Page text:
Ricci F, Amine A, Palleschi G, Moscone D (2003) Prussian Blue based screen printed biosensors with improved characteristics of long-term lifetime and pH stability. Biosens Bioelectron 18:165–174CrossRefGoogle Scholar
  60. 60.
    Lin YH, Lu F, Wang J (2004) Disposable carbon nanotube modified screen-printed biosensor for amperometric detection of organophosphorus pesticides and nerve agents. Electroanal 16:145–149CrossRefGoogle Scholar
  61. 61.
    Zhang J, Luo A, Liu P, Wei S, Wang G, Wei S (2009) Detection of organophosphorus pesticides using potentiometric enzymatic membrane biosensor based on methylcellulose immobilization. Anal Sci 25:511–515CrossRefGoogle Scholar
  62. 62.
    Soldatkin AP, Arkhypova VN, Dzyadevych SV, El’skaya AV, Gravoueille JM, Jaffrezic-Renault N, Martelet C (2005) Analysis of the potato glycoalkaloids by using enzyme biosensor based on pH-ISFETs. Talanta 66:28–33CrossRefGoogle Scholar
  63. 63.
    Dzyadevych SV, Arkhypova VN, Martelet M, Jaffrezic-Renault N, Chovelon JM, El’skaya AV, Soldatkin AP (2006) Potentiometric biosensors based on ISFETs and immobilised cholinesterases. Int J Appl Electromagnet Mech 23:249–255Google Scholar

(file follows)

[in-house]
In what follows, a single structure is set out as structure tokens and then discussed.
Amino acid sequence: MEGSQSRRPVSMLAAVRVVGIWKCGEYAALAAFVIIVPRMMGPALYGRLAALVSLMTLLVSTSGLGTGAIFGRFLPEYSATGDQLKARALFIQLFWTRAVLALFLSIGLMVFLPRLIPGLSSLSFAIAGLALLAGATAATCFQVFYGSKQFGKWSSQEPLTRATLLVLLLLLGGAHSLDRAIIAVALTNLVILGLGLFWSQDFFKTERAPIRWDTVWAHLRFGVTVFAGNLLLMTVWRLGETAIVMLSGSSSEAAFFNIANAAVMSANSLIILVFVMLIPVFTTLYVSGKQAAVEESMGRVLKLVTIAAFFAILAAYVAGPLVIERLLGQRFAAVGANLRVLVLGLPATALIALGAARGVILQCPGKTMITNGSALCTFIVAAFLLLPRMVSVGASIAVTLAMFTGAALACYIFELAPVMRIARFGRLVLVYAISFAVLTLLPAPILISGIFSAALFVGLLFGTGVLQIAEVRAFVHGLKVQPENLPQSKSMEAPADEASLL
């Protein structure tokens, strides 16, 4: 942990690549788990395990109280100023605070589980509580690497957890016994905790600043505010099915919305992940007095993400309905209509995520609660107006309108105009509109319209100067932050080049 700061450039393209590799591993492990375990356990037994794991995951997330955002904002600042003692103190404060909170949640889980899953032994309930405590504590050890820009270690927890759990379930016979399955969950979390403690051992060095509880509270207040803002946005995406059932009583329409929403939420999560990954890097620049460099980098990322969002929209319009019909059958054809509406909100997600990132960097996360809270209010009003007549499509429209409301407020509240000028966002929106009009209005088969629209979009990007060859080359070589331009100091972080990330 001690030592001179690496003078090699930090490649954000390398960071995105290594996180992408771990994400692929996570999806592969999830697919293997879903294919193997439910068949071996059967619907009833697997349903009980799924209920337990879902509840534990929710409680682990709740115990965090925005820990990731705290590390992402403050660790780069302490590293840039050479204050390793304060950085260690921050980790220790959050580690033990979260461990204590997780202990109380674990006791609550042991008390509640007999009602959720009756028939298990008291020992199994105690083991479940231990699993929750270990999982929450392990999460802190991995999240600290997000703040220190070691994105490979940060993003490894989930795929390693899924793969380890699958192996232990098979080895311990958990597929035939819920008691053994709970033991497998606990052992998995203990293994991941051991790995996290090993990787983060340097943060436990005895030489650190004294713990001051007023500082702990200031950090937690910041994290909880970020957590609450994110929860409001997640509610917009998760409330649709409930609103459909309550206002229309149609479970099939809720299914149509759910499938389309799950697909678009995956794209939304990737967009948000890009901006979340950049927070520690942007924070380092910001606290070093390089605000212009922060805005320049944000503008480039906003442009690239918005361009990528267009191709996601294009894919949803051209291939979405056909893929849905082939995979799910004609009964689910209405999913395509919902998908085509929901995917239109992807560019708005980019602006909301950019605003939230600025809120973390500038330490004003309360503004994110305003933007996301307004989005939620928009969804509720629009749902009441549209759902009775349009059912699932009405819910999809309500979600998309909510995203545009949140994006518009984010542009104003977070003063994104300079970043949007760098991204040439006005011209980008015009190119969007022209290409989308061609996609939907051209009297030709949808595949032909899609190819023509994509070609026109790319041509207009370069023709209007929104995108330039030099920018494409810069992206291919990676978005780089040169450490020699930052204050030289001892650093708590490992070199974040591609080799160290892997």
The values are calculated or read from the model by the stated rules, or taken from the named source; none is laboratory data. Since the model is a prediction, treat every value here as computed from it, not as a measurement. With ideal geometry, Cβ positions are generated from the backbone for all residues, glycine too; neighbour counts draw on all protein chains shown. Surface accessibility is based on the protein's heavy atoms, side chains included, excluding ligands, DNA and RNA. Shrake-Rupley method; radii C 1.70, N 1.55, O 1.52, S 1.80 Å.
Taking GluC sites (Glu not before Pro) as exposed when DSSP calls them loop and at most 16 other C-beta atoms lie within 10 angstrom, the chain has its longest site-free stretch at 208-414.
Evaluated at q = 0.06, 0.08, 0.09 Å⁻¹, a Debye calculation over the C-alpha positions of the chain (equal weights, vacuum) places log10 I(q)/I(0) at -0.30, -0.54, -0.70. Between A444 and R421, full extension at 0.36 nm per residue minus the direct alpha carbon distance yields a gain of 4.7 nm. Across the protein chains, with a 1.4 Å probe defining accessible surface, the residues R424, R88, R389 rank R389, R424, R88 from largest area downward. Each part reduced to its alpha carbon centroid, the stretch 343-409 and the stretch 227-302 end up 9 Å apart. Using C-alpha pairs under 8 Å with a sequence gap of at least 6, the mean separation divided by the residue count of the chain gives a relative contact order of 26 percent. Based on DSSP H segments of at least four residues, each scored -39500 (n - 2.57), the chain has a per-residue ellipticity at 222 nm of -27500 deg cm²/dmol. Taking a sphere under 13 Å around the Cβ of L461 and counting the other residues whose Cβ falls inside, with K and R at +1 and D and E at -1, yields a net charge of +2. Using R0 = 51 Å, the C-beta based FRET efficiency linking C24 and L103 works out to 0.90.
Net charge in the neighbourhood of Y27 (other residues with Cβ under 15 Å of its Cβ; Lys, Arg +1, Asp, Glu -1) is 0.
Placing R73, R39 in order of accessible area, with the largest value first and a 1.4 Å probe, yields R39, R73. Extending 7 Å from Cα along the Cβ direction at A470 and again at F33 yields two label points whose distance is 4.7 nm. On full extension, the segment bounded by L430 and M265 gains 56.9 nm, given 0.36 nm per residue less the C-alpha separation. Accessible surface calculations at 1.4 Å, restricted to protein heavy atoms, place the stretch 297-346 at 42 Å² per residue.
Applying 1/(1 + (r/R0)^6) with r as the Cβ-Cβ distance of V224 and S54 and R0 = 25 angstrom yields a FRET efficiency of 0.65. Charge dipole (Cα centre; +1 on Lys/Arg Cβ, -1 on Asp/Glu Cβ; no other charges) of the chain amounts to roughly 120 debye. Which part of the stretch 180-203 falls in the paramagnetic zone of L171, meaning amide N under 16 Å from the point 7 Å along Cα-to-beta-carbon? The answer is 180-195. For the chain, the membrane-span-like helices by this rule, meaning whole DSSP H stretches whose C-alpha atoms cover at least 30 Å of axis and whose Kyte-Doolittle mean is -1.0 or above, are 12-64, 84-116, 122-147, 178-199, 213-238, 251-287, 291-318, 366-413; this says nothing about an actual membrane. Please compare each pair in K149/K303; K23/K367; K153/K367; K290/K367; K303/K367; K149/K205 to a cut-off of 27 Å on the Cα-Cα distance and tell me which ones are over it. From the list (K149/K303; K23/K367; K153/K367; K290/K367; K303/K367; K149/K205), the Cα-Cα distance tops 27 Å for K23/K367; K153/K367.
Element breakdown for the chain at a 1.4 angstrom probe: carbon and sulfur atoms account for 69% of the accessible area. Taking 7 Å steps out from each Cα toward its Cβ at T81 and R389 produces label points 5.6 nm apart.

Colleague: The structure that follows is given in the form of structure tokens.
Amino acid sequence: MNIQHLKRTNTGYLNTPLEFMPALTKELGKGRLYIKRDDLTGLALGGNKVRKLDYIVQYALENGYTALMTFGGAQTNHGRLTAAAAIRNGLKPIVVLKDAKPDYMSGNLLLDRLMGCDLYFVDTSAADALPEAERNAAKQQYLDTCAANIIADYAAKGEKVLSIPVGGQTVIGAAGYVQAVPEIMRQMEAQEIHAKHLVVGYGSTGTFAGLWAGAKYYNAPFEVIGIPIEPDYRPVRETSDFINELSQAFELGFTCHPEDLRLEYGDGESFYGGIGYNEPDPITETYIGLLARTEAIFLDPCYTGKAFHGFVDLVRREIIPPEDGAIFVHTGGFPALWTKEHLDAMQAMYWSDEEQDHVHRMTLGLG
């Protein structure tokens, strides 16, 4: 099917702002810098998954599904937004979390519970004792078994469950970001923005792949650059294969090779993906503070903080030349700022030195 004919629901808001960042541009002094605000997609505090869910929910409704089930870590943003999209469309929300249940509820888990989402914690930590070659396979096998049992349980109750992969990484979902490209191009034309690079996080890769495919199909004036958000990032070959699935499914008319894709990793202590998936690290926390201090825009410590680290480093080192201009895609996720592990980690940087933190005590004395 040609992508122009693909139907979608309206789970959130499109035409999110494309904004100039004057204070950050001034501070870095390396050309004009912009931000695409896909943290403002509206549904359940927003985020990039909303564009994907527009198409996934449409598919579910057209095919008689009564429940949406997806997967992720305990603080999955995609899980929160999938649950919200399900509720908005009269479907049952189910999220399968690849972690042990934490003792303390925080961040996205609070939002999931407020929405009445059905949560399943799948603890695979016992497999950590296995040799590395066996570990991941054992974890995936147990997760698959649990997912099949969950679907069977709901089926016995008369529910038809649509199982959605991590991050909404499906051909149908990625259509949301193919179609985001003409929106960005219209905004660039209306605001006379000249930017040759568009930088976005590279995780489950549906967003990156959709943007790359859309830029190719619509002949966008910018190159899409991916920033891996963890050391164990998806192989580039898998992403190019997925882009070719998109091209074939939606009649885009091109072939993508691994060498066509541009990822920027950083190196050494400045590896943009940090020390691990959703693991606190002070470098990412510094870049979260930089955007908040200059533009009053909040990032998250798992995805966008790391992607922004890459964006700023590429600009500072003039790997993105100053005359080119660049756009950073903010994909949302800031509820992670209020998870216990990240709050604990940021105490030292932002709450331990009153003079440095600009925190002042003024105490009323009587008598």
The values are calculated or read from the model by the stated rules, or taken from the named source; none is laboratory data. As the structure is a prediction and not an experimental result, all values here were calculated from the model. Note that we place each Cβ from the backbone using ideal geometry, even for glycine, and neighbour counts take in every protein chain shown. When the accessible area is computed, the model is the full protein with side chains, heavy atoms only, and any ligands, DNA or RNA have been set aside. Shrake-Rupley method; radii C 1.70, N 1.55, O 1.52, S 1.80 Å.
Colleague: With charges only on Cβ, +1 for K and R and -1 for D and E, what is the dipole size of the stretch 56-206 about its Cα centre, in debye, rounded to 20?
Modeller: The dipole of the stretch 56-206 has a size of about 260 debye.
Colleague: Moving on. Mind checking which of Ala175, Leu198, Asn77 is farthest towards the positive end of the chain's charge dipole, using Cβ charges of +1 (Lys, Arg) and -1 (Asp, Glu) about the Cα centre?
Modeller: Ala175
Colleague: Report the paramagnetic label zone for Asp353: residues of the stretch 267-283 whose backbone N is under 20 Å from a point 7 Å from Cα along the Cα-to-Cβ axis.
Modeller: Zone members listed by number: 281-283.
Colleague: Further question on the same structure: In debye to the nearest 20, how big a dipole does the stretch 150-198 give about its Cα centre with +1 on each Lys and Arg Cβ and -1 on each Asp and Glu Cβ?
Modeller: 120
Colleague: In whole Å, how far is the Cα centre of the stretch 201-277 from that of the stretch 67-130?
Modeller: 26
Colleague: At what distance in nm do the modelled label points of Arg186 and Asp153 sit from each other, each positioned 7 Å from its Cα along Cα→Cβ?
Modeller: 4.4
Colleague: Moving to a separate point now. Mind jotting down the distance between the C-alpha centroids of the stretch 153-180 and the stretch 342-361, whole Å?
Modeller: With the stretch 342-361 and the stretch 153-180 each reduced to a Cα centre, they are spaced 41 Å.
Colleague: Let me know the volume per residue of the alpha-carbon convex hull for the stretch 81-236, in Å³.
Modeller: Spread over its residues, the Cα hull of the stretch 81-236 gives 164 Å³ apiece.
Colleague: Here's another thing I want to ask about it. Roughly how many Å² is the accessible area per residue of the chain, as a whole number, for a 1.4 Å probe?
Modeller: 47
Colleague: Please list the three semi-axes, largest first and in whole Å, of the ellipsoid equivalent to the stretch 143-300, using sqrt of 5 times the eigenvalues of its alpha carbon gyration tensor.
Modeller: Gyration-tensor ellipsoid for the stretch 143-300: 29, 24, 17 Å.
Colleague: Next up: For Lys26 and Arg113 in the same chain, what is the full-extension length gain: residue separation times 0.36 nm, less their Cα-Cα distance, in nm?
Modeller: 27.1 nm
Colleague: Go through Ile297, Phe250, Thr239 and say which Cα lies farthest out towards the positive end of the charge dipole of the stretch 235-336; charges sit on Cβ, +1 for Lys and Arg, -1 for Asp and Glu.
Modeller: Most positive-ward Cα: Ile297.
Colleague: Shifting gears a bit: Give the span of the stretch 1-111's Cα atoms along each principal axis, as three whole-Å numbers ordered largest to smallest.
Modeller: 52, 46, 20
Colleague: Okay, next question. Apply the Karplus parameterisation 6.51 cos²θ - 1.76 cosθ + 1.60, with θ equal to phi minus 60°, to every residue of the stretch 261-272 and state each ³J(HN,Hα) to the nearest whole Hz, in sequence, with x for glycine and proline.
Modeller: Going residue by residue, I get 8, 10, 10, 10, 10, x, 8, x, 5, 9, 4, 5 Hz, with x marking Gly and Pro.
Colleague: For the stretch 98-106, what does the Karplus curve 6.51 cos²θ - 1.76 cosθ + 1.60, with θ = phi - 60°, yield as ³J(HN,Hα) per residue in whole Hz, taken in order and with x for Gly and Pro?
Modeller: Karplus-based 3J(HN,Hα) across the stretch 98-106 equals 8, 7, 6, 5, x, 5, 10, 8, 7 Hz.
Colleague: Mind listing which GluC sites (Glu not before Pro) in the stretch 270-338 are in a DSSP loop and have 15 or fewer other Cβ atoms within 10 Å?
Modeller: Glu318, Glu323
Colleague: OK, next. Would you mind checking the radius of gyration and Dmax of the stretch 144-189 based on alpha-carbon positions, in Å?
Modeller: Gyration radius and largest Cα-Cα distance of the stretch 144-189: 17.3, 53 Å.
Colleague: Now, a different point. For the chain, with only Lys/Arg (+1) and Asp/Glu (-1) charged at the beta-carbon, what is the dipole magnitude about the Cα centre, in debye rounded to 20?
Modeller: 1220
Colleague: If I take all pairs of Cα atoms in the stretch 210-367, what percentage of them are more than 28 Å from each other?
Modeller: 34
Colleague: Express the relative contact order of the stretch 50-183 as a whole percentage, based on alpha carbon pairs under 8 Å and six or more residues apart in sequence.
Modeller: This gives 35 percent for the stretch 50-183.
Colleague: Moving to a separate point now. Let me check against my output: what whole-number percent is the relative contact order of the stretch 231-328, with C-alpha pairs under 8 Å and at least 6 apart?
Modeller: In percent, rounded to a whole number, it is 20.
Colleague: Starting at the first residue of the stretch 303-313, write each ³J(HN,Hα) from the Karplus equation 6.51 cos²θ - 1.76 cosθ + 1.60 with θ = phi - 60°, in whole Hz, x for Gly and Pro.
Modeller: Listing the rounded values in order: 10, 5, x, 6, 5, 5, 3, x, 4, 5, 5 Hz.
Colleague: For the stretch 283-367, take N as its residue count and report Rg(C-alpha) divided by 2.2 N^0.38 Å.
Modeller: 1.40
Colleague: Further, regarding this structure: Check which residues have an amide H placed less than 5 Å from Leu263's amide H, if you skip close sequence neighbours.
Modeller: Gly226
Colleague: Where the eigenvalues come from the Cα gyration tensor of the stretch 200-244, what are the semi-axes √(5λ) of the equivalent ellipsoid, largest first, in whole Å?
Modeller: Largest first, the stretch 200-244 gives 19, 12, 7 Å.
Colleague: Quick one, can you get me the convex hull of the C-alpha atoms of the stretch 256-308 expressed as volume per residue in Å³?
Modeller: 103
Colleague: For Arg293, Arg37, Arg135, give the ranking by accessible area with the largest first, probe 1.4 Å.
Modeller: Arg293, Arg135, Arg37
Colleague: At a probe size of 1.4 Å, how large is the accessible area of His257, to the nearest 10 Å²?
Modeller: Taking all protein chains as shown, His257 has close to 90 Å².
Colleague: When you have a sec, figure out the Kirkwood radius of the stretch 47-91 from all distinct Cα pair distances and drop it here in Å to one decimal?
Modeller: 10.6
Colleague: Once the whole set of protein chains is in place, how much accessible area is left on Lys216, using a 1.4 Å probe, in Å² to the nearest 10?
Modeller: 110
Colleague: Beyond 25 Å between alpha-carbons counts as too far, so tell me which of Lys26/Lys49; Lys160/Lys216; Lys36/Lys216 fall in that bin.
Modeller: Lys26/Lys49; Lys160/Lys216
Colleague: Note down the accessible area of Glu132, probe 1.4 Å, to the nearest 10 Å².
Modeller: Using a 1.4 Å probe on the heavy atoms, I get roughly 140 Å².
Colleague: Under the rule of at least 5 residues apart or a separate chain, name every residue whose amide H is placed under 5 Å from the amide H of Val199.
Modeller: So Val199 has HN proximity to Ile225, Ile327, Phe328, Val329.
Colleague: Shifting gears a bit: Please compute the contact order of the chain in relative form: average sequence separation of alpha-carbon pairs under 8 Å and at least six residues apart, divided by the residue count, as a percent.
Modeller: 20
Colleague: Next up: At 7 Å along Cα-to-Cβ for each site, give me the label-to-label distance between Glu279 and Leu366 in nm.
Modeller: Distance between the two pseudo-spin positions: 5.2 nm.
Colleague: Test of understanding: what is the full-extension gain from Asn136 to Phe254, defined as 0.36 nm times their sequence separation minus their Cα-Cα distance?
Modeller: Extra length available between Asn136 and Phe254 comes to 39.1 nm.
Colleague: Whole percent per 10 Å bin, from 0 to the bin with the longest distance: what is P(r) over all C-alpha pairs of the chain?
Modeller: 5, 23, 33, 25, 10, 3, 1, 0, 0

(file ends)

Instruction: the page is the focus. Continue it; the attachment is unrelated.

64. 64.
    Sneidarkova M, Svobodova L, Evtugyn G, Budnikov H, Karyakin A, Nikolesis DP, Hianik T (2004) Acetylcholinesterase sensors based on gold electrodes modified with dendrimer and polyaniline A comparative reserch. Anal Chim Acta 514:79–88CrossRefGoogle Scholar
  65. 65.
    Ivanov AN, Evtugyn GA, Lukachova LV, Karyakina EE, Budnikov HC, Kiseleva SG, Orlov AV, Karpacheva GP, Karyakin AA (2003) New polyaniline-based potentiometric biosensor for pesticides detection. IEEE Sensors J 3:333–340CrossRefGoogle Scholar
  66. 66.
    Ivanov AN, Lukachova LV, Evtugyn GA, Karyakina EE, Kiseleva SG, Budnikov HC, Orlov AV, Karpacheva GP, Karyakin AA (2002) Polyaniline-modified cholinesterase sensor for pesticide determination. Bioelectrochem 55:75–77CrossRefGoogle Scholar